20 Mansfield, Jo: 34

21 Cole, Clement 30

22 Jones, Jo: 20

23 Burrow, Wm 19

24 Atwood, Phillip 13

25 Snowe, Wm 18

26 Lumus, Edward 24

27 Saltonstall, Richard Husbandman 23

28 Saltonstall, Merriall 22

29 Saltonstall, Merriall 9 mos.

30 Wells, Tho: 30

31* Coop, Peter 28

32 Lambart, Wm 26

33 Podd, Samvel 25

34 Belcher, Jeremy 22

35 Clifford, Marie 25

36 Coe, Jane 30

37 Riddlesden, Marie 17

38 Pellam, Jo: 20

39 Hitchcock, Matthew 25

40 Nicholls, Elizabeth 25

41 Carpenter, Tomazin 35

42 Fowle, Ann 25

43 Gordon, Edmond 18

44 Sydlie, Tho: 22

45 Leach, Margaret 22

46 Smith, Marie 21

47 Swayne, Elizabeth 16

48 Wells, Ann 20

49 Bewile, Grace 30

50 Taylor, Dvonis 48

51 Smith, Hanna 30

52 Backley, Jo: 15

53 Battrick, Wm 18

Theis vnder written names are to be transported to New-England imbarqued in the

Suzen And Ellen


the pties have brought Certificates from ye Ministers of Justices of the peace

yt they are no Subsidy Men: and are conformable to ye orders and discipline of

the Church of England.

54 Hudson, Ralph A Drap 42

55 Hudson, Marie vixor 42

56 Hudson, Hanna children 14

57 Hudson, Eliz: children 5

58 Briggham, Tho: 32

59 Thwing, Ben: servant 16

60 Gibson, Ann servant 34

61 Kirk, Judith servant 18

62 Moore, Jo: servant 41

63 Knowles, Henry servant 25

64 Richardson, Geo 30

65 Thomlins, Ben: 18

66 Thomlins, Edward 30

67 Ford, Barbara 16

68 Broomer, Joan 13

69 Brooke, Richard 24

70 Brooke, Tho: 18

71 Crosby, Symon husbandman 26

72 Crosby, Ann vixor 25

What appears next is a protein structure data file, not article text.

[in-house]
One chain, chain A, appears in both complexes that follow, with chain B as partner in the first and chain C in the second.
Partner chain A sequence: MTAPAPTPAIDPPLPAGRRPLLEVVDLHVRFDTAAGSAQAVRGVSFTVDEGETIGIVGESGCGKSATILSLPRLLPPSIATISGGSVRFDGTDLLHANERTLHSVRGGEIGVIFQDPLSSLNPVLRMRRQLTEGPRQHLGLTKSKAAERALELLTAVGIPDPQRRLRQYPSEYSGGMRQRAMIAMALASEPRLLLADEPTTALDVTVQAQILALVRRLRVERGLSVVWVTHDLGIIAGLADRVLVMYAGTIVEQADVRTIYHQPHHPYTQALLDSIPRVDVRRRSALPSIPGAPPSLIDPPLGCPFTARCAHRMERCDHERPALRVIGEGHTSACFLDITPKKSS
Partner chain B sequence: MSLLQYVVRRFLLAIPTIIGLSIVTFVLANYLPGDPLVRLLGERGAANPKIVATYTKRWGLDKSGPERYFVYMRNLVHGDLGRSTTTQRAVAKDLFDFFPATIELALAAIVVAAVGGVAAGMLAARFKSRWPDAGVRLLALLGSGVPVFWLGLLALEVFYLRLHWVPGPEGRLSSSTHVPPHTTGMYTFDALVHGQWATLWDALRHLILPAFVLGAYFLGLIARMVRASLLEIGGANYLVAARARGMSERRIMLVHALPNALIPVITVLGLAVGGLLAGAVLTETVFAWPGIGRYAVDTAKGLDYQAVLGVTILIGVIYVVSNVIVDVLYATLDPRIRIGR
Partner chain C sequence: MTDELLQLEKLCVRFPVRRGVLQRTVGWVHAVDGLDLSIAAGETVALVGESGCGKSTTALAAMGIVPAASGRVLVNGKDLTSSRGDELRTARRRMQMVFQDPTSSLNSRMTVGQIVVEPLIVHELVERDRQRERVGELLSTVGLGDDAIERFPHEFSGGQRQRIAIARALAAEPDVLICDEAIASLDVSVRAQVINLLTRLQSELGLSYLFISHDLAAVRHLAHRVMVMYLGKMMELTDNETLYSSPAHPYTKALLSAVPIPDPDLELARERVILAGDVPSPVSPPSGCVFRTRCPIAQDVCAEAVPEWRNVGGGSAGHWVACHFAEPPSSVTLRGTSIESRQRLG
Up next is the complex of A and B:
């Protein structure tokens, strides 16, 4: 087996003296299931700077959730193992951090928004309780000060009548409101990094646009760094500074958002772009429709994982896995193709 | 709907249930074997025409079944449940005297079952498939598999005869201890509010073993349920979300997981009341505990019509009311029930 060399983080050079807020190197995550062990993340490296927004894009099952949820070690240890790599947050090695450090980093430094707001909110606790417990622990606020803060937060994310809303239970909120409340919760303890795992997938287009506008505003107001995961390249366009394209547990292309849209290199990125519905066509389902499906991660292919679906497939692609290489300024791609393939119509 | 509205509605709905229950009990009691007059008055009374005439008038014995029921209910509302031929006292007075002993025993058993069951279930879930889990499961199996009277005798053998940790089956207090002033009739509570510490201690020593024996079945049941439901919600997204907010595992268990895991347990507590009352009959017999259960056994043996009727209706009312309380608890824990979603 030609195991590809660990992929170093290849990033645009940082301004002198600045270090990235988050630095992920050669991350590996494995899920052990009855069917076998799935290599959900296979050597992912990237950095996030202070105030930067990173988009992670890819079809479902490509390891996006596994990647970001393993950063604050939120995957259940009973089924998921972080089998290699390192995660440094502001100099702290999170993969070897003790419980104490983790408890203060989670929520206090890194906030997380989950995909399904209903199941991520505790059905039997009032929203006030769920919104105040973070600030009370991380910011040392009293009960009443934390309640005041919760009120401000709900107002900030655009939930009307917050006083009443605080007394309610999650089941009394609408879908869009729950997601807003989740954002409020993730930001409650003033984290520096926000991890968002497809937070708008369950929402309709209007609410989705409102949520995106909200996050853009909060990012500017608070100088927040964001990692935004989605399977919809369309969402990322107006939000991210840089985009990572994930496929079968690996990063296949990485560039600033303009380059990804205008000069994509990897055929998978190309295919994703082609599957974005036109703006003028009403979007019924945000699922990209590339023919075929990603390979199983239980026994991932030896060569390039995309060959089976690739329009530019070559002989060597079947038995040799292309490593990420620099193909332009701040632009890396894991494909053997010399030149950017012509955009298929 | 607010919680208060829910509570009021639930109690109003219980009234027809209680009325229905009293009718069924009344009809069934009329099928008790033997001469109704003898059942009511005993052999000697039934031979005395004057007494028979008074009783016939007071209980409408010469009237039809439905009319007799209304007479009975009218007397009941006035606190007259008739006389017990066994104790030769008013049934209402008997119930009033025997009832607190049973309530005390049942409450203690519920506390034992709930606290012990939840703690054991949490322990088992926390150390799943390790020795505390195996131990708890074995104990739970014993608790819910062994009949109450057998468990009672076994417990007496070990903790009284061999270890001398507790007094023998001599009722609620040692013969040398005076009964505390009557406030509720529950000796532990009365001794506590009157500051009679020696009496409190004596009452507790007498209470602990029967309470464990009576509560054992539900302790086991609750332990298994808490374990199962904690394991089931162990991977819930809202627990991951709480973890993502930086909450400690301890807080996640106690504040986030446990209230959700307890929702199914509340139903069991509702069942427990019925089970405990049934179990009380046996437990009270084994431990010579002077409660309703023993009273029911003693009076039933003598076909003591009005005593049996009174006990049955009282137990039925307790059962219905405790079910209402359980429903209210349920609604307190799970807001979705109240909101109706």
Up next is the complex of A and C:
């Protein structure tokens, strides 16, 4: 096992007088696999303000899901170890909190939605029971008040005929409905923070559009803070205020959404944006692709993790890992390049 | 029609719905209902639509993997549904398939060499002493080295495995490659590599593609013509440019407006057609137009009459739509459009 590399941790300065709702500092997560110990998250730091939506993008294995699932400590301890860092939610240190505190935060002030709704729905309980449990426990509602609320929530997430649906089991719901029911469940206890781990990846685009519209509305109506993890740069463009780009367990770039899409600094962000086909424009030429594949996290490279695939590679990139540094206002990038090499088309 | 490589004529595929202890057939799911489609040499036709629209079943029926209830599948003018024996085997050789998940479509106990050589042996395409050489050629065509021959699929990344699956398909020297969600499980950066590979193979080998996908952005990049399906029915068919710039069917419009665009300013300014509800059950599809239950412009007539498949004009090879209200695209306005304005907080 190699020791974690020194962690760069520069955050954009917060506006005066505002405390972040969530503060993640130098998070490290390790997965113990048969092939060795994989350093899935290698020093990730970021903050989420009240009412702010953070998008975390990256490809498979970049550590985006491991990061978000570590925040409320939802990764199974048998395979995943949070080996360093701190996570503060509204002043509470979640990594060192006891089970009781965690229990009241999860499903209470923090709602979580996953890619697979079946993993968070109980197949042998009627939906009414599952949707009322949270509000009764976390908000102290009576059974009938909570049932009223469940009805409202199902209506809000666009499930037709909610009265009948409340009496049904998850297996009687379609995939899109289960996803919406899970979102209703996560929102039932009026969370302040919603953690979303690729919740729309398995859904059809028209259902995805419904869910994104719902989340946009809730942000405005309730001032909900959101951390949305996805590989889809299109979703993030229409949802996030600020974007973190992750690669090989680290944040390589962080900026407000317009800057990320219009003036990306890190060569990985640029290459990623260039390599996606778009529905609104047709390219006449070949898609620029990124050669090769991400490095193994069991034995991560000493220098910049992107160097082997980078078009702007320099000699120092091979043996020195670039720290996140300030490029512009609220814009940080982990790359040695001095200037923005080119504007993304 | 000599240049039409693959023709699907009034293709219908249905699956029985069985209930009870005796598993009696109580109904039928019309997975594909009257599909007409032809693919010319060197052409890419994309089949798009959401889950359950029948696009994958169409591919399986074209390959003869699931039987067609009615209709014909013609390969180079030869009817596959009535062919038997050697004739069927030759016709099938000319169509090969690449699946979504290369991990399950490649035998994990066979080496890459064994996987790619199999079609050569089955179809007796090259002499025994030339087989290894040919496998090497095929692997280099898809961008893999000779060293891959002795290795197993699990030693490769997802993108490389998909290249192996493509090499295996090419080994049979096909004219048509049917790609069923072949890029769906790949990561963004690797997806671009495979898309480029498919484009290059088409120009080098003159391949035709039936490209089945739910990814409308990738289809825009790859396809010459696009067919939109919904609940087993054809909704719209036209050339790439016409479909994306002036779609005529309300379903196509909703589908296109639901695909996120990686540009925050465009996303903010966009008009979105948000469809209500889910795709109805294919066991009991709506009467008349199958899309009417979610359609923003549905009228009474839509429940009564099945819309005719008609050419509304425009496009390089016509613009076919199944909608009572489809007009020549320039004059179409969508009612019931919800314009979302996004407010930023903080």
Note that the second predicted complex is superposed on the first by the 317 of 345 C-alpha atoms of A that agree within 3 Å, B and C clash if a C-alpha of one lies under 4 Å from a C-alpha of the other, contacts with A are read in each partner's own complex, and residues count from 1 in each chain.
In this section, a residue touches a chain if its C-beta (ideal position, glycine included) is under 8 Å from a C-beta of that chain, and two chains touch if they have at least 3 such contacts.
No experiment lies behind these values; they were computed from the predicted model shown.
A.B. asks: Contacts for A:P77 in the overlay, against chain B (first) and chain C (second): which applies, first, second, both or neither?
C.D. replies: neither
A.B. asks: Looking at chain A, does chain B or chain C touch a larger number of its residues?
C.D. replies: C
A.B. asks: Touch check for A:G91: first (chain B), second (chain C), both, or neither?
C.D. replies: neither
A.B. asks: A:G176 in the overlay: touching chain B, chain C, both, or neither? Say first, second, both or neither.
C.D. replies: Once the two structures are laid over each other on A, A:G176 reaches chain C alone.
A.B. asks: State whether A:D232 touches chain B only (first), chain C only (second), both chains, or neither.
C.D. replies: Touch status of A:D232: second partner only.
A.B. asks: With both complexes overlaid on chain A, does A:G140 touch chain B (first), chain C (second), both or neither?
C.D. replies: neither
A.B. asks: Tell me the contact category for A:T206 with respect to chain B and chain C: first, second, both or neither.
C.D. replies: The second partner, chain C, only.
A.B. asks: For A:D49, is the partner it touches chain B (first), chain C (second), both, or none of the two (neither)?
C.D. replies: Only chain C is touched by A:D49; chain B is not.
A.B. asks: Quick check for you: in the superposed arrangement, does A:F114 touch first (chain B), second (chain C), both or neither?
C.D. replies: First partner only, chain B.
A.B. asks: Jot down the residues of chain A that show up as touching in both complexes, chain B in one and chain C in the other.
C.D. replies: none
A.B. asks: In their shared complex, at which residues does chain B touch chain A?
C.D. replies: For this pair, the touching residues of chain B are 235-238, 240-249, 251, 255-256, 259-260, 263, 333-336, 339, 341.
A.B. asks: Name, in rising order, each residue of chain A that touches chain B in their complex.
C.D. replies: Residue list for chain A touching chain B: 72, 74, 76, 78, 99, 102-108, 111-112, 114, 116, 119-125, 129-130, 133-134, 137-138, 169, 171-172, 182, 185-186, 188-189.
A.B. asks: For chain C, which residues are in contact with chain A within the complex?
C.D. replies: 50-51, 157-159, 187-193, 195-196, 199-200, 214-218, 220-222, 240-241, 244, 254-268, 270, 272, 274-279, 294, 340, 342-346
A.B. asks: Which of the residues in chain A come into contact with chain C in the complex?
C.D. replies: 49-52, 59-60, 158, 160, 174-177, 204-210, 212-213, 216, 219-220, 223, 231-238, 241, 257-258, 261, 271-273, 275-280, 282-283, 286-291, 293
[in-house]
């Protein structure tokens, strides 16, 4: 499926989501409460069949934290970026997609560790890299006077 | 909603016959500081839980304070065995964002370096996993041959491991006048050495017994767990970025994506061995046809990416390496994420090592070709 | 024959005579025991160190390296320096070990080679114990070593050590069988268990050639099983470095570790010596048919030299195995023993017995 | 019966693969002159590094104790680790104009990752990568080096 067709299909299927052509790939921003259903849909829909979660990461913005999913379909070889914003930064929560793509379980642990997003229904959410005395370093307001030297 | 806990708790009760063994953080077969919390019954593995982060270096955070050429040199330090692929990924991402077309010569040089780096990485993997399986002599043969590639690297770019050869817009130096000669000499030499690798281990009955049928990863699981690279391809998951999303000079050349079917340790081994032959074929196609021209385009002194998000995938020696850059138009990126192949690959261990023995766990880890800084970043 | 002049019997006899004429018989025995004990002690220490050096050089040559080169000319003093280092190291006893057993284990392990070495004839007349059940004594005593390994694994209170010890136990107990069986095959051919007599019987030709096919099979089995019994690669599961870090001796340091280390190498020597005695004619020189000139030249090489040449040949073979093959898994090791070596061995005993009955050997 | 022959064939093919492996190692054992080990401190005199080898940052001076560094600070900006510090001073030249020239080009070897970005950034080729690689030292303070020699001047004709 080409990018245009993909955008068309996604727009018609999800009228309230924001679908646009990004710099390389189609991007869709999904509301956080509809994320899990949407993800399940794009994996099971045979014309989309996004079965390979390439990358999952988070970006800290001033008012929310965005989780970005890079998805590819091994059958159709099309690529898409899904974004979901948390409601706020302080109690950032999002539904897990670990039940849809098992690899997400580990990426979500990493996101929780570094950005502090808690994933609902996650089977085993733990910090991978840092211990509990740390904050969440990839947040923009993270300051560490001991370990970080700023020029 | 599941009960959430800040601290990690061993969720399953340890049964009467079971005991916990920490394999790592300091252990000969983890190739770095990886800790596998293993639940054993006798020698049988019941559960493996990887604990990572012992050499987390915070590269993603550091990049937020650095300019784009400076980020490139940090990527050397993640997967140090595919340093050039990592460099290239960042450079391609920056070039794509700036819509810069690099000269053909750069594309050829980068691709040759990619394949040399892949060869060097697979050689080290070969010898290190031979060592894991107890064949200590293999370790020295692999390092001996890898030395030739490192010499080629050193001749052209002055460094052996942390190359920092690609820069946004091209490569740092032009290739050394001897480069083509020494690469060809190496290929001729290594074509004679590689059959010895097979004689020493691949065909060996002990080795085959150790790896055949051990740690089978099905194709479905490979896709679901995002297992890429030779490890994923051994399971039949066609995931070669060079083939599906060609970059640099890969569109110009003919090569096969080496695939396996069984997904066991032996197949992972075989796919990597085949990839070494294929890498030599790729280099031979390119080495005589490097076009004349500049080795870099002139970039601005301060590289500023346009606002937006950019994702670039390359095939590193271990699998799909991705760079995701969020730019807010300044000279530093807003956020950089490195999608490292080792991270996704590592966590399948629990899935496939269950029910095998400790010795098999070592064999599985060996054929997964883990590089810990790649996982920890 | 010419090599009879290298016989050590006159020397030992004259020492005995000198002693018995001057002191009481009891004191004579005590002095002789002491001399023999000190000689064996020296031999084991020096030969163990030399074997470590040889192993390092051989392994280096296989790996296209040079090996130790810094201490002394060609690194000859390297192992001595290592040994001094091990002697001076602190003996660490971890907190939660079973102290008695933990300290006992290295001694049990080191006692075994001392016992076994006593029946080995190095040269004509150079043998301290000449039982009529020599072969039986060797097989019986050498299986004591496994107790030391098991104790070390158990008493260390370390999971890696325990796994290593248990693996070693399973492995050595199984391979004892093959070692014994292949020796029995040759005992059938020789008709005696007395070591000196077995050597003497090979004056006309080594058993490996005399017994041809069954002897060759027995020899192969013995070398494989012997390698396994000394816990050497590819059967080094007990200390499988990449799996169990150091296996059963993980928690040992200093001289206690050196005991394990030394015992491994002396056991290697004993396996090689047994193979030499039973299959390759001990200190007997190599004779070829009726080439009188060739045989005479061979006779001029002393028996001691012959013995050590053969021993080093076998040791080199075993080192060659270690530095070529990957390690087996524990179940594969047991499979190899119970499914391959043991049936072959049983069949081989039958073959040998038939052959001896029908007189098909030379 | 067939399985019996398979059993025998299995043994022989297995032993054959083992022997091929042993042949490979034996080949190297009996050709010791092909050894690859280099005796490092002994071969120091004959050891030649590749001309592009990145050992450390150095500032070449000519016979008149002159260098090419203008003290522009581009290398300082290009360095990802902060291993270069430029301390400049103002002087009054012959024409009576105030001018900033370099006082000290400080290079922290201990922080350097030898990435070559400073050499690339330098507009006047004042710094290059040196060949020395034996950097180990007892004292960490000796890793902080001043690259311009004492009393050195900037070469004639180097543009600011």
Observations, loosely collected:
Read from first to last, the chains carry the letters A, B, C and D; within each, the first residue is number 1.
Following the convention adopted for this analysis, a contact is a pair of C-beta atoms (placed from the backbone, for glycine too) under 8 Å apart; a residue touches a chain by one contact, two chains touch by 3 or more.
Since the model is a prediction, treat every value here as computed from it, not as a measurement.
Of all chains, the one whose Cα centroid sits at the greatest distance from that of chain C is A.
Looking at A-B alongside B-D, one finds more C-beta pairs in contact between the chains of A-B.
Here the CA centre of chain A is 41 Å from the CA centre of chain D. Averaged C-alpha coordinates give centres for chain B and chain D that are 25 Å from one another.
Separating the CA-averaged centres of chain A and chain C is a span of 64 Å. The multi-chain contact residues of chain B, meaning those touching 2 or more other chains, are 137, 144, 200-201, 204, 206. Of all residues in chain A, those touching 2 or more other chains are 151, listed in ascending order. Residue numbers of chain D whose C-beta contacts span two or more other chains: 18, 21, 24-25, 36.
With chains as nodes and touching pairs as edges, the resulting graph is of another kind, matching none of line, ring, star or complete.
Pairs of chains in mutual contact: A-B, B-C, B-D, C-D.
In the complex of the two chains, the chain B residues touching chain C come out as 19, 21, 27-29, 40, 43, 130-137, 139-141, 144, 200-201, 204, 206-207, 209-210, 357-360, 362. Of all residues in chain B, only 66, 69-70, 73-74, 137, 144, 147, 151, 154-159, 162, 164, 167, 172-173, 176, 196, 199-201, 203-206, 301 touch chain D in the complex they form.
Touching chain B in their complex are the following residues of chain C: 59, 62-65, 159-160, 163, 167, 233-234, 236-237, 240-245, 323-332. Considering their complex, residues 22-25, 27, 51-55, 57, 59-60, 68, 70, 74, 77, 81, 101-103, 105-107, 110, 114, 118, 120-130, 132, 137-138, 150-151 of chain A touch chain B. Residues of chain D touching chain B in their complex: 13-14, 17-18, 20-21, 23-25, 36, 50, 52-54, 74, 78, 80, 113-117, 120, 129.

73 Crosby, Tho: child 8 weeks

74 Rowton, Ric: husbandman 36

75 Roswton, Ann vixor 36

76 Rowton, Edmond child 6

77 Greene, Percivall husbandman 32

78 Greene, Ellin vixor 32

79 Trane, Jo: servant 25

80 Dix, Margaret servant 18

81 Atherson, Jo: 24

82 Blason, Ann 27

83 Buckley, Ben: 11

84 Buckley, Daniell 9

85 Corrington, Jo: 33

86 Corrington, Mary 33

  • The transcriber notes that the port of arrival in New England was Salem, Massachusetts.

What do you think?

Please keep your comments polite and on-topic.

Fill in your details below or click an icon to log in: Logo

You are commenting using your account. Log Out /  Change )

Facebook photo

You are commenting using your Facebook account. Log Out /  Change )

Connecting to %s

This site uses Akismet to reduce spam. Learn how your comment data is processed.


This is so fascinating! I wish my family history went so far and with such detail!


Eli Pacheco

September 27, 2014

It might..You have to go on Ancestry for few years to find out…


Pamela Morse

September 27, 2014

Your personal history is fascinating Pam. I think this particular “relative” had a very interesting life.


Stevie Wilson (@LAStory)

September 28, 2014

%d bloggers like this: